Netiquette and profile in Science 2.0 : role-associated communication and self-projection as researcher and private person on the Social Web


In contrast to conventional closed research networks, the evolution of Web 2.0 opens up new forms of communication across the boundaries of hierarchies and disciplines and also allows (partially) the participation of the general public. This gives rise to new options of communication and self-projection. It is still unclear whether conventions and unwritten rules for these new communication situations have evolved already and if the violation of such conventions of communication can lead to (social) sanctions.

The boundaries between the various social roles of a person as researcher versus as a private person (in the sense of “online personae” according to Ranzini & Fieseler) are increasingly blurred. Services such as Twitter can be used for scholarly as well as private communication. Social networks such as Facebook render private information about individual researchers visible to anyone (beyond the usual CV).

The project orients itself on the following research questions (exemplary incomplete listing):

  • Do researchers use social media more for private or for professional purposes? What are the intentions of use? Who are the central target groups? Which Impression Management Strategies can be derived from this? How do private profiles relate to professional ones in social media?
    • Which networks and social media are used for this?
    • Are parallel accounts maintained in the same social media (for instance Twitter)?
  • Which conventions and unwritten rules are already in existence in various research networks and social media channels (profile settings, anonymous comments, appropriateness of critique…)?
  • What is the impact of academic hierarchy (e.g. students versus professors – who contacts whom? Gender impact? Interaction gender x hierarchy)? Does this impact vary according to the social media in use and the role taken (private – professional)?
  • What are the consequences/sanctions for violating the conventions and unwritten rules?
  • To what extent do conventions and sanctions serve to create the necessary foundation of trust for scientific interaction on the Web 2.0 (e.g. inappropriate anonymous comments)? To what extent does this depend on scientific ethics/diligence and Open Science?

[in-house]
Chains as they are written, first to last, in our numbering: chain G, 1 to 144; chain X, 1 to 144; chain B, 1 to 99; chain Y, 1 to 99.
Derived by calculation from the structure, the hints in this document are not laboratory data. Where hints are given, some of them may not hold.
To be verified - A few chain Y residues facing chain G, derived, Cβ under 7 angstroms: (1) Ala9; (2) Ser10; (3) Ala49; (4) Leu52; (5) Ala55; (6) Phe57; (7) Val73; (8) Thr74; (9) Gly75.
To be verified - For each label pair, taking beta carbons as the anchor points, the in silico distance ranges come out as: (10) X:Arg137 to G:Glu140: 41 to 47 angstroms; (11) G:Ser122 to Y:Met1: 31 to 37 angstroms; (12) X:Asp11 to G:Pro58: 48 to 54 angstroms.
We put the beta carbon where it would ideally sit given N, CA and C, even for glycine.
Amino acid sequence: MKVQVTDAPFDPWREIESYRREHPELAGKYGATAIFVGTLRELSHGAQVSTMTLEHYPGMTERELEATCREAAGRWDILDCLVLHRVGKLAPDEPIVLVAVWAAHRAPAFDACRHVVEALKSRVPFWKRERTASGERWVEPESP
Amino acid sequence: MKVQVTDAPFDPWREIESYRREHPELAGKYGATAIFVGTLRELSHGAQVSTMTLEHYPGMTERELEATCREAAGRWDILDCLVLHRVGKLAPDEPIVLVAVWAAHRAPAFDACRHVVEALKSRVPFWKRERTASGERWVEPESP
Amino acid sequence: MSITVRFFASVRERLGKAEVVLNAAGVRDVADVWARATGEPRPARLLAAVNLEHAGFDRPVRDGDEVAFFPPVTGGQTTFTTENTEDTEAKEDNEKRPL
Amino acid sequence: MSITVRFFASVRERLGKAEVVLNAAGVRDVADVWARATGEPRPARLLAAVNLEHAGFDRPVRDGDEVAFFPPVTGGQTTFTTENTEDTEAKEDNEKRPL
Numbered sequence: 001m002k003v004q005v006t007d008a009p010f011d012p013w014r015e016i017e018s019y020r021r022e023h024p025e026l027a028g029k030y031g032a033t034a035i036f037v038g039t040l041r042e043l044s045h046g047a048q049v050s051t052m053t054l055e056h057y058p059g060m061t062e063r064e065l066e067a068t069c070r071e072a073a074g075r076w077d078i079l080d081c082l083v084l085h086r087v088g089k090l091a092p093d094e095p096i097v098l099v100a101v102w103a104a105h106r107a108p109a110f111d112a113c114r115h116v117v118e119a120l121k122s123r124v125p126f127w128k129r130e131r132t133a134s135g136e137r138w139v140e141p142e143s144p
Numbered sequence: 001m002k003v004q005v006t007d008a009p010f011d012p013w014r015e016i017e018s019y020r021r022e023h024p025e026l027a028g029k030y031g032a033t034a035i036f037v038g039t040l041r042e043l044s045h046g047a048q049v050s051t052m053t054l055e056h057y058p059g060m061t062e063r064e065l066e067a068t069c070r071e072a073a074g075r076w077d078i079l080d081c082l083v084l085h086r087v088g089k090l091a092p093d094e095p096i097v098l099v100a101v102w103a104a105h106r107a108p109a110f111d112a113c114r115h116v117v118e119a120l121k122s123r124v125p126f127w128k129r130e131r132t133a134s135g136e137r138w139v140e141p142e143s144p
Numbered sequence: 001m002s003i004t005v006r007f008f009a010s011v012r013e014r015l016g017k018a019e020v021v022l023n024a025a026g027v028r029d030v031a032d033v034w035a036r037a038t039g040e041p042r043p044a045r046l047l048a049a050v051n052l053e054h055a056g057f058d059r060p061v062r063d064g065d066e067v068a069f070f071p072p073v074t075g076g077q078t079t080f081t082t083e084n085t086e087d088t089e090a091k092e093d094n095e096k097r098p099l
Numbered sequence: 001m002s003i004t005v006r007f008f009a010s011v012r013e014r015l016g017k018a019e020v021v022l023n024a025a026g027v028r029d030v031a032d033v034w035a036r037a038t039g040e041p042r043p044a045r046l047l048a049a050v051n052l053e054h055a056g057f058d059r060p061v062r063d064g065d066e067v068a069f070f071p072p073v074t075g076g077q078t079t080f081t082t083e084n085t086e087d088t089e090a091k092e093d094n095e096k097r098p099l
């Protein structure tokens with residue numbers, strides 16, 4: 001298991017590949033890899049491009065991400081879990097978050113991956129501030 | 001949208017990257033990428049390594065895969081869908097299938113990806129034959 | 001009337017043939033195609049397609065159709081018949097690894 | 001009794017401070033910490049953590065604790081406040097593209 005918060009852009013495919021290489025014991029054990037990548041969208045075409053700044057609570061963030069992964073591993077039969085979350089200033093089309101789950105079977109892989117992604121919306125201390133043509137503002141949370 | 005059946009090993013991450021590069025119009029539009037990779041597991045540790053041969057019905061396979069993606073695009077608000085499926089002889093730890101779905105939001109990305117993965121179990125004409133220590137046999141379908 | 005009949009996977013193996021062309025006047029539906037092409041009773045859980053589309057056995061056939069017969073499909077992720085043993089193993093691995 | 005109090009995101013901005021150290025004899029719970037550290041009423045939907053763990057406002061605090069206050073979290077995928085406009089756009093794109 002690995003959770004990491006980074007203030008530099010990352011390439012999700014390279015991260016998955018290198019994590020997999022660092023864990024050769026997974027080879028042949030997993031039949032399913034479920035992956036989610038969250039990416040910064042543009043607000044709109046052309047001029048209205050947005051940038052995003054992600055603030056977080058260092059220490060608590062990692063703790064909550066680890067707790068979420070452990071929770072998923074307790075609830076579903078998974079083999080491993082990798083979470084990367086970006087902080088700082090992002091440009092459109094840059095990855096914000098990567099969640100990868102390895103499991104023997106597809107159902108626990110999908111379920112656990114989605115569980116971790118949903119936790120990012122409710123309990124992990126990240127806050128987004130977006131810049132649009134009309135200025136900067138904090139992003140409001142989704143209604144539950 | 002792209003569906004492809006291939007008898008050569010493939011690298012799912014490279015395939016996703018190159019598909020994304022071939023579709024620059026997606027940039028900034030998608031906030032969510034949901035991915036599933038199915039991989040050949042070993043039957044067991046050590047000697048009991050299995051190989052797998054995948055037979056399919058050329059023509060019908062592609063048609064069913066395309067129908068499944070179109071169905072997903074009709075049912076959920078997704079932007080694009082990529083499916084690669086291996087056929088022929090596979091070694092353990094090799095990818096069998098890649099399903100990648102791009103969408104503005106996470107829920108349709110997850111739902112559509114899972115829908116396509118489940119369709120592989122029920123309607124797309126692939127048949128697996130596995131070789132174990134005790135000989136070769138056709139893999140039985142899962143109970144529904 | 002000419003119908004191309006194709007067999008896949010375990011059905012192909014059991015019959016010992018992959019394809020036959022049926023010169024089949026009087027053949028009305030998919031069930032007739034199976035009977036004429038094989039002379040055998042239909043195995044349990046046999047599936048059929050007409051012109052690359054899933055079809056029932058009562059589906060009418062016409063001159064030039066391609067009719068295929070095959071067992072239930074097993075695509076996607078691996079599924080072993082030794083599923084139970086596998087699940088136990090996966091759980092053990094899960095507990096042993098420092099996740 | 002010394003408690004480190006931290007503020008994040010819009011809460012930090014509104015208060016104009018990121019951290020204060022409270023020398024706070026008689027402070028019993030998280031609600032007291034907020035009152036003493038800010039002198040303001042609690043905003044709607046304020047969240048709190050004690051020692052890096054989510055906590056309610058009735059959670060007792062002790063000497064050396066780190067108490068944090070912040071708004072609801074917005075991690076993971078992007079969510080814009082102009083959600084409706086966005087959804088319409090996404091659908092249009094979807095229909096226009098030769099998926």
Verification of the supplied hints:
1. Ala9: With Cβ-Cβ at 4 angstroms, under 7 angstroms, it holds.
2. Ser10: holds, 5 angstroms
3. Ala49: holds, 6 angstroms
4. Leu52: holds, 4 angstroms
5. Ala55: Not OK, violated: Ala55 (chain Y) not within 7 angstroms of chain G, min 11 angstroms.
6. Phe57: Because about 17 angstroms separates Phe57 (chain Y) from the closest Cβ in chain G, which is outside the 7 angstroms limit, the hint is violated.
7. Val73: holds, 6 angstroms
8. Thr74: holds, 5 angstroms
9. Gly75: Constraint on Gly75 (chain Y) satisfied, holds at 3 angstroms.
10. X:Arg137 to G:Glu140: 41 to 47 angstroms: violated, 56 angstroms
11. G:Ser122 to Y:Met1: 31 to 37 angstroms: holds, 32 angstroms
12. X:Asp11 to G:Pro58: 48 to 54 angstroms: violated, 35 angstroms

• To what extent do technical means influence the conventions and unwritten rules (e.g. visibility of profile visitors, option of anonymous comment)?

Preliminary works

  • Thesis at the University of St. Gallen on the perception of social interaction in various social networks from the perspective of scientists (contact Professor Christian Hoffmann)
  • Questionnaire on the netiquette between students and lecturers on Facebook (contact: Dr Stephanie Linek)

Project results and publications

  • Master thesis by Anika Ostermaier-Grabow (University of Hamburg) on the topic of Netiquette in Academic Networks: An Explorative Case Study of ResearchGate (only available in German)
  • Linek, S. B., Teka Hadgu, A., Hoffmann, Ch. P., Jäschke, R., & Puschmann, C. (2017). “It’s all about information? The following behaviour of professors and PhD students in computer science on Twitter”. Journal of Web Science, 3 (1), 1-15.
  • Linek, S. B. (2018). Students and lecturers on Facebook: gender-related differences in the view of the academic hierarchy. Proceedings of the 12th International Technology, Education and Development Conference (INTED 2018), pp. 3870-3876, 5th – 7th of March, 2018, Valencia, Spain.
  • Linek, S. B., & Ostermaier-Grabow, A. (2018). Netiquette between students and their lecturers on Facebook: injunctive and descriptive social norms. Social Media + Society, Volume 4; Issue 3. Article first published online: August 7, 2018; Issue published: July 1, 2018

Project partners